Today is my birthday. I'm 23 years old.
It's also a Sunday, which means I have to go home for dinner. Well, I don't have to, but awkward tension develops (or, the already incredibly awkward atmosphere heightens) when I don't go home, and so I feel in many ways compelled. Plus, it's my birthday, and I want to see my family, just like they want to do something for me: make me a cake, sing me songs, write me cards--traditional birthday things.
I love my family, and my family loves me. But we're at a very strange place right now. Emails have been sent, tearful conversations have been had (many, many times), and nothing has been resolved. Sometimes (like tonight) when I'm feeling low, things they've said to me pop into my head, and I feel betrayed and hurt and lonely all over again.
I kind of want my blog post to be about my betrayal, and hurt, and the loneliness of feeling cut off from your family. Of feeling parentless, even though my parents live a mile away. Of feeling ostracized and judged, of going from the straight-A, perfect, glowing Mormon daughter to the depressed, bisexual, disappointing daughter who constantly embarrasses the family and whose cutting and suicidality and depression stem from shame and guilt at not "choosing the right," not hurt and anguish and loneliness and despair.
But it's my birthday. And it's a day before my favorite month of the whole year. And my wonderful extended family has taken me under their wing and let me be their pseudo-daughter, which I love, and they even gave me a nice birthday present. I love them. And, as terrified as I am to go home for dinner tomorrow night, I'd rather be happy than vitriolic right now.
Also, seeing as how it's my birthday, I'd love to spend the day hiking, but, alas, my foot is broken. But since the mountains are there and beautiful, and now is the perfect time for all us Utah-ites to go survey the changing leaves yourselves, here are some quotes from one of my favorite nature writers, Craig Childs, about one of my favorite animals, the porcupine. In this section of his book The Animal Dialogues, he's noticed that porcupines spend a lot of time in trees, and so has climbed an aspen to get a closer look at one. He says,
"I reach the porcupine's level, fifteen feet away. I call over to it, asking it about fear of heights...The porcupine does not move, so I keep talking. I have to yell because the wind has each leaf in full flutter and it sounds like a waterfall up here.
The wind comes in long pushes and the entire grove leans eastward. Then it lets off and the trees recoil. I have to hold tightly as the tree and I describe long, smooth arcs over the ground. For all this motion and these bursts of air, it is fluid up here. The tree never makes any sudden starts. It pivots above the earth and we swerve back and forth, the porcupine and I. Now the animal is lying there, perfectly cupped in a crotch of branches. Its right foreleg hangs lazily and drifts in tandem with the tree. I relax my grip and let my fingers loose, thinking like a porcupine. No meditation, no trances. Just keep still and quiet. For an hour I stay there.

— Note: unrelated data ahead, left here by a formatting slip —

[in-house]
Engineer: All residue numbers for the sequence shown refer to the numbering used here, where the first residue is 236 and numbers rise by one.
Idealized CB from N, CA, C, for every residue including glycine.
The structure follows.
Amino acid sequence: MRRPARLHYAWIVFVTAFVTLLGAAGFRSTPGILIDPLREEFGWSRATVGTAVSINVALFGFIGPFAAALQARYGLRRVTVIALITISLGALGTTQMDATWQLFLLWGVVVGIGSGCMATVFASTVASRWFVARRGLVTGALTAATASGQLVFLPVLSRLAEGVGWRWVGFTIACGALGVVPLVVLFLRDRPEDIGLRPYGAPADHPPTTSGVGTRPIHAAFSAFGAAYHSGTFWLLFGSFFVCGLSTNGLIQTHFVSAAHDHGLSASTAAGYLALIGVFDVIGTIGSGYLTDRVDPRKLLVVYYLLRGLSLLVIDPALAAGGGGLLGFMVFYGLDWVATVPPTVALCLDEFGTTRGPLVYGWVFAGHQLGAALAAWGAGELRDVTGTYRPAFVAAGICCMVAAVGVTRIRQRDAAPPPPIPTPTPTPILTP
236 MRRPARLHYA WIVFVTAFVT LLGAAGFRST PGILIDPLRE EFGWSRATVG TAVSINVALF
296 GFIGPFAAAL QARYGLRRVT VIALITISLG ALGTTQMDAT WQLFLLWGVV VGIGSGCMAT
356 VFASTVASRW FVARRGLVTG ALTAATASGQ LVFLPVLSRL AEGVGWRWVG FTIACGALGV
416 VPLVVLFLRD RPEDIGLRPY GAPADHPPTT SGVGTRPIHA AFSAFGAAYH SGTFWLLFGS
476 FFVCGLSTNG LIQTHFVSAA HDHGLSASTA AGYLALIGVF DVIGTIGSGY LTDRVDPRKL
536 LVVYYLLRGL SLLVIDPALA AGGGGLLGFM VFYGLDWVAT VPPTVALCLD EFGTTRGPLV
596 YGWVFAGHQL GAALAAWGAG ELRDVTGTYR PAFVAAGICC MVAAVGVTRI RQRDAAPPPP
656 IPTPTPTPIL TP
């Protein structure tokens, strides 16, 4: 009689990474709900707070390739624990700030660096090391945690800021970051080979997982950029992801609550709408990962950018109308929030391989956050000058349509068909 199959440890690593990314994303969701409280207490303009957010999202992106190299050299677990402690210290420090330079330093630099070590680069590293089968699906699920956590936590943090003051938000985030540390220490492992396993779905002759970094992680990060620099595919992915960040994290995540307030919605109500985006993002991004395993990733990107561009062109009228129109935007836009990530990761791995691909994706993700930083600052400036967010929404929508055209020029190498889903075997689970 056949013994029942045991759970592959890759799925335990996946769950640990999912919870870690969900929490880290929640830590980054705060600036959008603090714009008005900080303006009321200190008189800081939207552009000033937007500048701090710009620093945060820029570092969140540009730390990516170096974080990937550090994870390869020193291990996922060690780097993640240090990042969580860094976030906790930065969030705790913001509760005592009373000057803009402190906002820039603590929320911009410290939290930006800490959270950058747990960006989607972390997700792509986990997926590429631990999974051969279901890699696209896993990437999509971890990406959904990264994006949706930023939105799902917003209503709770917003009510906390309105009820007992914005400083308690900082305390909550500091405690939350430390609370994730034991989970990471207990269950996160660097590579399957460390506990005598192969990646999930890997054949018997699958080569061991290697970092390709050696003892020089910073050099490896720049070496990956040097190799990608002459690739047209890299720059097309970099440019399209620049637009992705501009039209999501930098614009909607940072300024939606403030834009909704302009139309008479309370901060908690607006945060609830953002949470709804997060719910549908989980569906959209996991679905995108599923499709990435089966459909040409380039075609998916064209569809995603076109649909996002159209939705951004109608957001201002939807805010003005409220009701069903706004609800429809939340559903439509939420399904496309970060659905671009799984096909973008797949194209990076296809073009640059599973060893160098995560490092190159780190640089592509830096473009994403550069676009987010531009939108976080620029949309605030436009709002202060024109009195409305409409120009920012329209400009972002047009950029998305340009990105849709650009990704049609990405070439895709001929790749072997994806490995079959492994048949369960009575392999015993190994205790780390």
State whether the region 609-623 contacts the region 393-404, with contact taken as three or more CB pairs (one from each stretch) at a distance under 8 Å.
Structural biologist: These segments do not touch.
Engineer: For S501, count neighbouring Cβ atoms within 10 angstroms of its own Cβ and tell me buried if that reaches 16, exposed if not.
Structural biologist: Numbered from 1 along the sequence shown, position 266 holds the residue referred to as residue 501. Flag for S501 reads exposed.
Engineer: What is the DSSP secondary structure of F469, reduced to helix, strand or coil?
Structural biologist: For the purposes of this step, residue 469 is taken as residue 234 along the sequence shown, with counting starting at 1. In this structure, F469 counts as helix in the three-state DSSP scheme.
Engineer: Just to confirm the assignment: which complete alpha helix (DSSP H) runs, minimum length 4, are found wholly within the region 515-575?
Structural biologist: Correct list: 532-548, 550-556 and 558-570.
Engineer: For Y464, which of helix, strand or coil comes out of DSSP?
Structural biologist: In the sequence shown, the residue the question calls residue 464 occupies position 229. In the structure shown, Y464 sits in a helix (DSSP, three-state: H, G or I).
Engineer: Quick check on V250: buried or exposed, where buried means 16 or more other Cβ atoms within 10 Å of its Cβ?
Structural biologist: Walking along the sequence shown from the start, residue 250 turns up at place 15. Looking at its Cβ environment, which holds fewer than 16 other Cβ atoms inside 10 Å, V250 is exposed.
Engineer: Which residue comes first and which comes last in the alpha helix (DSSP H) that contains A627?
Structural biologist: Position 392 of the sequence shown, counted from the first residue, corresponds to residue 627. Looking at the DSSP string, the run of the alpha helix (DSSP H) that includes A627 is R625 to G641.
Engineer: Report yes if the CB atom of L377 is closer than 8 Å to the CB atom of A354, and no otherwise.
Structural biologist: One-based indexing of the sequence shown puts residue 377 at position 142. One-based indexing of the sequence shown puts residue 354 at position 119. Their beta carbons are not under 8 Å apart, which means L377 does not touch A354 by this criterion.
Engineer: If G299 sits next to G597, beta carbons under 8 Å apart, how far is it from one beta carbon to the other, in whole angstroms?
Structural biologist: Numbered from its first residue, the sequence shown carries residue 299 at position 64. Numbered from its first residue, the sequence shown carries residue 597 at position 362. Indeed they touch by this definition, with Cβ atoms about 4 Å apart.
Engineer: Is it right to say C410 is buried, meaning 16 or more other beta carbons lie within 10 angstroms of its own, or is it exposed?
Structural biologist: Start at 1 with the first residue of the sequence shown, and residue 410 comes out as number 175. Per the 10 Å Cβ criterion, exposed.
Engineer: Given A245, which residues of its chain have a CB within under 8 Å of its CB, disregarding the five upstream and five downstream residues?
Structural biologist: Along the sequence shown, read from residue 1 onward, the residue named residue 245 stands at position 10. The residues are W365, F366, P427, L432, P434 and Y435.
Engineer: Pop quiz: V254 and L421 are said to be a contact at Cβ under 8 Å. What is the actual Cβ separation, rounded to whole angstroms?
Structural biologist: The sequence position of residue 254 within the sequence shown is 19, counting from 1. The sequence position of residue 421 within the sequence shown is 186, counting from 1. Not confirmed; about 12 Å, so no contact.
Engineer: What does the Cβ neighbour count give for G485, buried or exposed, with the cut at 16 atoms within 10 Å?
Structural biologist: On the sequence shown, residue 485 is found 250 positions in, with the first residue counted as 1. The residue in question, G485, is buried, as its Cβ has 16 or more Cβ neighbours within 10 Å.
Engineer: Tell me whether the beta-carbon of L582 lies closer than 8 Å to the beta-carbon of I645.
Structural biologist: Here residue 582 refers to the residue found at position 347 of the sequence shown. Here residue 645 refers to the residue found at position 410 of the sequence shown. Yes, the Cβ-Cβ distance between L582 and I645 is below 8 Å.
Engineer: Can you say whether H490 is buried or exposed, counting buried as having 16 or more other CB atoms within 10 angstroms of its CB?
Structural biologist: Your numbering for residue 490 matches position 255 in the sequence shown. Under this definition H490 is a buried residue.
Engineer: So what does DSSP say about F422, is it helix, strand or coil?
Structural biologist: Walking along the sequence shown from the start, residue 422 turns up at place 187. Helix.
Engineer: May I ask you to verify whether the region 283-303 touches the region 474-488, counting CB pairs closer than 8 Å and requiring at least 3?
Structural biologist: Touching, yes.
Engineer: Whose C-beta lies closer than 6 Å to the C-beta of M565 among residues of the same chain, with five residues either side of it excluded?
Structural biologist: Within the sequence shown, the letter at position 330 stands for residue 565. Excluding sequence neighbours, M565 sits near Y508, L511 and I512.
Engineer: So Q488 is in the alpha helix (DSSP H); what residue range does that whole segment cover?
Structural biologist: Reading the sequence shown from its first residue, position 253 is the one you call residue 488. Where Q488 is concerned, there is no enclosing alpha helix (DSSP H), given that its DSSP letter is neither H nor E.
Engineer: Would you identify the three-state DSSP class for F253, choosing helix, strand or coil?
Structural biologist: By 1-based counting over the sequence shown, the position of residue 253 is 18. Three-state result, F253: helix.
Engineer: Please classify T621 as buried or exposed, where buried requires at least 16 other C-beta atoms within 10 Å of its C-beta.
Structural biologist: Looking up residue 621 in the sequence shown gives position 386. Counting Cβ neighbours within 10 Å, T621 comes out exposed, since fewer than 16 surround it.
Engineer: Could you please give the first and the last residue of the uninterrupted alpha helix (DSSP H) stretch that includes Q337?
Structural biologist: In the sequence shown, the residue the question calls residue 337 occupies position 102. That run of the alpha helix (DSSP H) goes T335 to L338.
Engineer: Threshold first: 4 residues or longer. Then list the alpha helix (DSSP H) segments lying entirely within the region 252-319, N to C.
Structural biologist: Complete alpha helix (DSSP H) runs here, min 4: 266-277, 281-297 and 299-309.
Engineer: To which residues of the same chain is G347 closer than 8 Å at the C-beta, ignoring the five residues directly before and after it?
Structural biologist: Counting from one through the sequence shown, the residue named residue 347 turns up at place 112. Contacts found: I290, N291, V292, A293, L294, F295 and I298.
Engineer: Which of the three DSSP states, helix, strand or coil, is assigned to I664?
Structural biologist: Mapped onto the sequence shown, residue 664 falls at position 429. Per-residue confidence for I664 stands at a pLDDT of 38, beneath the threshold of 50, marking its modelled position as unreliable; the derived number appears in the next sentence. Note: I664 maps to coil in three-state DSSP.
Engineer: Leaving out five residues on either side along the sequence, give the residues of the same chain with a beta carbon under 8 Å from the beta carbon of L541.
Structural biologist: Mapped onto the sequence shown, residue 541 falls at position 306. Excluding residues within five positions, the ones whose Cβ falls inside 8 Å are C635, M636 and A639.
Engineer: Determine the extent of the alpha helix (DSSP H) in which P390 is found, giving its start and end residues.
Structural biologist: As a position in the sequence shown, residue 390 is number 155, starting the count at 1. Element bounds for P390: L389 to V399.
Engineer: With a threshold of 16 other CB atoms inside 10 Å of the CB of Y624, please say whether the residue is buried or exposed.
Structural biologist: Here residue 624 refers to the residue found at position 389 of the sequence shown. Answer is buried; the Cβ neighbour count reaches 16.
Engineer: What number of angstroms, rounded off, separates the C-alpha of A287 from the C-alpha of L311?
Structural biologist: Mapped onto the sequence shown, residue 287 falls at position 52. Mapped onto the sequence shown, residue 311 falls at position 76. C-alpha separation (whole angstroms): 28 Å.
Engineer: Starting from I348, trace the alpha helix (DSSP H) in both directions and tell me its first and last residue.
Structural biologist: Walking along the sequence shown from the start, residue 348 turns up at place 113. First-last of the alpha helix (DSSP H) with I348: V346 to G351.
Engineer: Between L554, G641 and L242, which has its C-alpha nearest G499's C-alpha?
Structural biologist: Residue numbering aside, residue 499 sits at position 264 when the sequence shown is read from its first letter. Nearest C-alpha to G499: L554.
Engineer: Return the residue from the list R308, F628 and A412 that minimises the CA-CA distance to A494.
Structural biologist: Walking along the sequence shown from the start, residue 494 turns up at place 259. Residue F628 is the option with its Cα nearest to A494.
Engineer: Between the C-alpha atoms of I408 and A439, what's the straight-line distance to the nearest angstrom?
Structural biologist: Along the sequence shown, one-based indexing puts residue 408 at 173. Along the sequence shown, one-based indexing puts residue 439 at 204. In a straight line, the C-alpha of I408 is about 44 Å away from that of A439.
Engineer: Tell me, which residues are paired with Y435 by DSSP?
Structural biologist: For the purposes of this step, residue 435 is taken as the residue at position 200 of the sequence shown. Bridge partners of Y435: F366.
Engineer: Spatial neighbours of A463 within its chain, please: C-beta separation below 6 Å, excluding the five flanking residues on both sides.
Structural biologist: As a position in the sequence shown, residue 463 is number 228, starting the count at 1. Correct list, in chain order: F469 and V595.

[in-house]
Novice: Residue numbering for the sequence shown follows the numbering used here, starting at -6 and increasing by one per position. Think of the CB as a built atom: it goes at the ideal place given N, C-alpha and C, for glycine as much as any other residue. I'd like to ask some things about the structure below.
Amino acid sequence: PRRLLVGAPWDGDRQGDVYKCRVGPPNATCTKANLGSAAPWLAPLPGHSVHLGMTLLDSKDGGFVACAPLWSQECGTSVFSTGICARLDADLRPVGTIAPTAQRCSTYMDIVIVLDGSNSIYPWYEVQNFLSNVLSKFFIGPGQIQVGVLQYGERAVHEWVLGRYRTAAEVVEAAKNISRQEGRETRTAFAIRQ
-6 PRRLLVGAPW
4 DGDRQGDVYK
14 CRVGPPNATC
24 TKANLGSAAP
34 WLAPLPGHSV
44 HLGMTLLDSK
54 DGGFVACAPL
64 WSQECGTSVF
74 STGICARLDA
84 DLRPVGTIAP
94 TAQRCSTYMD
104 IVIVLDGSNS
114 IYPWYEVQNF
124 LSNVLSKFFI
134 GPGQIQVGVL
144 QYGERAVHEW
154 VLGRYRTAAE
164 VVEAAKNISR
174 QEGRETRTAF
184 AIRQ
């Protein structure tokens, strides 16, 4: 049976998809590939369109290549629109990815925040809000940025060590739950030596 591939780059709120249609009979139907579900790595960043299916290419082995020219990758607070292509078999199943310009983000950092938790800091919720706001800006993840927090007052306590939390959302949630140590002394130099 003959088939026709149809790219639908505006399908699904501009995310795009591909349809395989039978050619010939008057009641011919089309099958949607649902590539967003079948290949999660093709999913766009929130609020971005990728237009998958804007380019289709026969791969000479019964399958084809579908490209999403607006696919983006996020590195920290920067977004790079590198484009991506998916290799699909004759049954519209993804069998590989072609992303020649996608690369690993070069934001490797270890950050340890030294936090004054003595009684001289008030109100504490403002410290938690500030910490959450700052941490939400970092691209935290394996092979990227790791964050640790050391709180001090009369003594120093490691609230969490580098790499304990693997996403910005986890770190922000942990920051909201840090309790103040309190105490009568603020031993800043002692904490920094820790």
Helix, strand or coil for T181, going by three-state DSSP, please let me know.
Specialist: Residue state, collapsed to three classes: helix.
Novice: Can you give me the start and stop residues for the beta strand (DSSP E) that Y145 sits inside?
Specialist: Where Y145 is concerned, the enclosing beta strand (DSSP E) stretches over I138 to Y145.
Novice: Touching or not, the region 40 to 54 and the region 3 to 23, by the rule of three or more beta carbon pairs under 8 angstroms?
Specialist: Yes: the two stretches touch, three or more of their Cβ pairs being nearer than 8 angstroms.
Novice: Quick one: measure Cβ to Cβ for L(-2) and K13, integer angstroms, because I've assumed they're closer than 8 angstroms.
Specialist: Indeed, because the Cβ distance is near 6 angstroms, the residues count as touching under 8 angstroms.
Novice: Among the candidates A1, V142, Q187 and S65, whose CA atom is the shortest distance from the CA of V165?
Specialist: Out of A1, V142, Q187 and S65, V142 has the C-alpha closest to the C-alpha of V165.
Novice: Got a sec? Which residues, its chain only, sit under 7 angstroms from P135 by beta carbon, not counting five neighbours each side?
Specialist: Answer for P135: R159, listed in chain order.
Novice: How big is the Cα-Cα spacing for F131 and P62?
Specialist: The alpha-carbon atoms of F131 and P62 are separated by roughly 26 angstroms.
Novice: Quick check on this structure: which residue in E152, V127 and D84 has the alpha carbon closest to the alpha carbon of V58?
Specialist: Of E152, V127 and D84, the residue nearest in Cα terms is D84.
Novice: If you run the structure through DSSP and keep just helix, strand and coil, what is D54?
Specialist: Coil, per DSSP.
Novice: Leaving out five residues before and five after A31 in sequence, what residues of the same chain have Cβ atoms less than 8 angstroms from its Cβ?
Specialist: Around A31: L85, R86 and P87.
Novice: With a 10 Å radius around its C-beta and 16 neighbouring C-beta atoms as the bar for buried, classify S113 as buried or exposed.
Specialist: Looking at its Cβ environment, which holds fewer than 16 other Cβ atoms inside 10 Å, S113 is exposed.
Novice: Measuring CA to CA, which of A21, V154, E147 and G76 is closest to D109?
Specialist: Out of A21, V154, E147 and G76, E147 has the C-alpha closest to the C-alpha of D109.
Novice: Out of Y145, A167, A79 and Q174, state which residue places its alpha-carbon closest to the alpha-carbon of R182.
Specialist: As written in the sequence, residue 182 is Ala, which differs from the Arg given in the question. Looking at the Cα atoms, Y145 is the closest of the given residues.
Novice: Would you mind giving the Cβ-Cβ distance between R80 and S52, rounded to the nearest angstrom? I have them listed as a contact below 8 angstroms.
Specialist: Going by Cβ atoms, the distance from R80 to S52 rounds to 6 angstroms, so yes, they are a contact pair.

The trees are flexing like cello strings. The porcupine moves now and then, scratches its left eye. It almost stretches, but not quite. The porcupine leans its chin around the other side of its branch. Birds come through, a pair of mountain bluebirds, one flicker, one Lewis's woodpecker, and one red-winged blackbird. Sunset comes. The wind is cold now and I've been watching an essentially immobile porcupine for too long. I almost shout something, but I don't. The porcupine continues to hang on. Not for dear life. It just hangs on, trusting that the tree won't drop it" (235).
There are lovely things in this world. Some of those things are porcupines.
Some are aspens.
And also, some are ships.
I wish I could accurately express my obsession with and intense love of ships on this blog. Maybe another day.
Anyway, things are hard and terrible sometimes. Some relationships fall apart and there's nothing you can do, right now, to fix them. But it's good to remember that there are naturalists in the world who climb trees and dangle there for hours just to watch porcupines. It's good to know that porcupines spend their lives hanging from trees, just swaying back and forth. It's good to know that you have a birthday, and I have a birthday, and that you're unique in this world, and that, as Tiffany says, you deserve to live your own truth.
Thus concludes this sappy post. And now, for the poem of the week.
Here I love you.
In the dark pines the wind disentangles itself.
The moon glows like phosphorous on the vagrant waters.
Days, all one kind, go chasing each other.
The snow unfurls in dancing figures.
A silver gull slips down from the west.
Sometimes a sail. High, high stars.
Oh the black cross of a ship.
Sometimes I get up early and even my soul is wet.
Far away the sea sounds and resounds.
This is a port.
Here I love you.
Here I love you and the horizon hides you in vain.
I love you still among these cold things.
Sometimes my kisses go on those heavy vessels
that cross the sea towards no arrival.
I see myself forgotten like those old anchors.
The piers sadden when the afternoon moors there.
My life grows tired, hungry to no purpose.
I love what I do not have. You are so far.
My loathing wrestles with the slow twilights.
But night comes and starts to sing to me.
The moon turns its clockwork dream.
The biggest stars look at me with your eyes.
And as I love you, the pines in the wind
want to sing your name with their leaves of wire.